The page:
It's hard enough to cope with allergies on the weekend, but dealing with
allergies at work is even more challenging.
Ask anyone who's ever dozed off in the middle of an important meeting
because of allergy symptoms or medications.
"Allergy symptoms are the No. 2 reason adults miss work," says James
Sublett, MD, a board-certified asthma and allergy specialist in Louisville,
The average worker with allergies misses about one hour per week over the
course of a year. But that sick time is...
a rash is clearly linked to a specific trigger that you can avoid
you have a single, mild reaction that clears up on its own
But if you’re unsure about anything, call your doctor.
Testing for Skin Allergy
Your doctor may suspect a skin allergy based on your medical history and a physical exam. You’ll be asked if you’ve recently been exposed to common allergens like perfume, jewelry, or latex.
If your doctor thinks you have a skin allergy, you may have a patch test. For this test, tiny amounts of things that could cause an allergic reaction are placed on patches and taped to the skin on your back. They have to stay dry, so you can’t shower or bathe during the test period. You need to avoid sweating, too. After 48 hours, your doctor will check your skin to see if you have a reaction to anything. He may schedule another follow-up to check again in a few days.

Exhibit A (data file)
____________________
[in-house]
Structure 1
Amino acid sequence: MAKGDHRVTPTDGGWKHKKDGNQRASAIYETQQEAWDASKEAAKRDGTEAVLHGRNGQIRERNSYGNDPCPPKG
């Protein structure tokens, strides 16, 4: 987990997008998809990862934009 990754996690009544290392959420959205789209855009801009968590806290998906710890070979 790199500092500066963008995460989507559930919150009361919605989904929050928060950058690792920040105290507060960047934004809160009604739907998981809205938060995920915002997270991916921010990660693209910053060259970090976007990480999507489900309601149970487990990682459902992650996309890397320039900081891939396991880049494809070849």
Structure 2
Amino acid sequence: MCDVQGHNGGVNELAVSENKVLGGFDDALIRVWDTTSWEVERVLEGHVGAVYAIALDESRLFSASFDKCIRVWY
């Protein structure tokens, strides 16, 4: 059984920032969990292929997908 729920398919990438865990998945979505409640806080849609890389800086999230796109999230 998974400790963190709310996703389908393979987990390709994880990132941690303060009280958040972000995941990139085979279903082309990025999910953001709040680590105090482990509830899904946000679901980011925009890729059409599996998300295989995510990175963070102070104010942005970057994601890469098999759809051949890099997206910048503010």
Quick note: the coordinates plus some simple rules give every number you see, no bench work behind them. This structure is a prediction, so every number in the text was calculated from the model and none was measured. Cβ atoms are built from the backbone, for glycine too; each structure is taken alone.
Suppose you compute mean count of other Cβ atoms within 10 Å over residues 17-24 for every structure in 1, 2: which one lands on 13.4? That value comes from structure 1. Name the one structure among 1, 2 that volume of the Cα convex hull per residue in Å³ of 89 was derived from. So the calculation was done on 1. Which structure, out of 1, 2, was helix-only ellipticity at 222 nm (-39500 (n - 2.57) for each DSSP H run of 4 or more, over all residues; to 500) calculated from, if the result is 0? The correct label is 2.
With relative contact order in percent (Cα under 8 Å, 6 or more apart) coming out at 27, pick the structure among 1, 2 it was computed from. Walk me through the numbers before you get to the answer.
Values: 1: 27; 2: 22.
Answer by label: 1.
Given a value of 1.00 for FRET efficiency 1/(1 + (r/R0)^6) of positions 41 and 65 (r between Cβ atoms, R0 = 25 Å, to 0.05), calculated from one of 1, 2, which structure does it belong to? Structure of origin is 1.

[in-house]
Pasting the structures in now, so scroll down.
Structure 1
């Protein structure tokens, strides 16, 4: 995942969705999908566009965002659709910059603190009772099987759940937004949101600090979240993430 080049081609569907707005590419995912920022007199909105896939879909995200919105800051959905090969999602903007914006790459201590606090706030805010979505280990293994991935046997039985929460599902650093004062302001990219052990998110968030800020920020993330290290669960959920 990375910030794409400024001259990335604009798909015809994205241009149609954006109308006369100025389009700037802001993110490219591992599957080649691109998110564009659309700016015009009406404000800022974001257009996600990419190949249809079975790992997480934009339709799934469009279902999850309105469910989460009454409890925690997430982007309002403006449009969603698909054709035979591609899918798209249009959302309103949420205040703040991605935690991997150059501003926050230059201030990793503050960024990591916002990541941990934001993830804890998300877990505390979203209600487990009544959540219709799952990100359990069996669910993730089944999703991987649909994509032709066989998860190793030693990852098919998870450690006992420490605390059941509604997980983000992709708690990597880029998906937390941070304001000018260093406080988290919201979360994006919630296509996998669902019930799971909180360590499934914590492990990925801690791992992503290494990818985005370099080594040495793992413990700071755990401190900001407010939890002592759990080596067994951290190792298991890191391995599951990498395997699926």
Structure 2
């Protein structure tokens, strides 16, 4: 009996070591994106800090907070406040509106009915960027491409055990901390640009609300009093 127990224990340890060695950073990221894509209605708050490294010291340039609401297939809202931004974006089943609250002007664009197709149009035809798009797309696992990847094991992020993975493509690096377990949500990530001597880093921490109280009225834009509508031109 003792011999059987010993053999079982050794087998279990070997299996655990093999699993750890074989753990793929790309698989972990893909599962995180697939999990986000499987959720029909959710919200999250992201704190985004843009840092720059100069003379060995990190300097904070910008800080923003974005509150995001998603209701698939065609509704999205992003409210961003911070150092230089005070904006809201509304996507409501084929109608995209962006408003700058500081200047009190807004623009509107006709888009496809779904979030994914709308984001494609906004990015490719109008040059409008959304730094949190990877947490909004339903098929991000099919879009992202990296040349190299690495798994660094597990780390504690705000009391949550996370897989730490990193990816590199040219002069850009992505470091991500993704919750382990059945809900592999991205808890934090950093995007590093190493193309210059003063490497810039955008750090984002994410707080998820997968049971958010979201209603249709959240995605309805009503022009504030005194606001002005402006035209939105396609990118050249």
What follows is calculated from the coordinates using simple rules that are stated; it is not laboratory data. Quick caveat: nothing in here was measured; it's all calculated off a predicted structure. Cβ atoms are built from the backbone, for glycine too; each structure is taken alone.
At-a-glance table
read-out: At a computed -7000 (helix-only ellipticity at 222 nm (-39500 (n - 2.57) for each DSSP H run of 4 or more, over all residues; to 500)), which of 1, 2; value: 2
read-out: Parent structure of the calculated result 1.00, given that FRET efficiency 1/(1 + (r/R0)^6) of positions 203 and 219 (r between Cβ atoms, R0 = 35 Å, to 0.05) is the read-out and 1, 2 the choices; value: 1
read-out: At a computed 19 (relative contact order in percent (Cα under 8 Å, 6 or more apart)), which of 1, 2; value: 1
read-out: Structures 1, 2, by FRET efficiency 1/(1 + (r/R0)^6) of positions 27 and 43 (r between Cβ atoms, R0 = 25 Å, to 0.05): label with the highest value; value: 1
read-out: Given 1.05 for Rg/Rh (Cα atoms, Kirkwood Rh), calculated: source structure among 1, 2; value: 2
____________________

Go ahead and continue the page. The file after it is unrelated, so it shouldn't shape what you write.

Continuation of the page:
Rarely, your doctor may want to do a blood test or skin biopsy, where a small sample of skin is taken for a test.
Treating Skin Allergy
Treatment for skin allergies depends on what’s causing your allergies. Many times, you can simply avoid the trigger. Use cold compresses, calamine lotion, or an oatmeal bath to soothe skin and relieve itchiness.
For small areas of skin, your doctor may prescribe a steroid cream to help treat symptoms. Use it only as often as directed. Using more than recommended, or using it more often, won’t make it work any better. And using it too much can damage your skin. Try applying it after a bath or shower to get the biggest benefit. If the reaction covers a larger area of skin, you doctor may prescribe steroid pills and antihistamines.
For hives or swelling from angioedema, your doctor may recommend an over-the counter or prescription antihistamine pills. Anti-itch creams usually don’t help hives. For severe hives, if antihistamines don’t work, your doctor may prescribe steroid pills.
If your skin gets infected because it is open and raw, you may need an antibiotic to clear it up. A lot of swelling or redness, heat, pus, or crusty skin may be signs of an infection.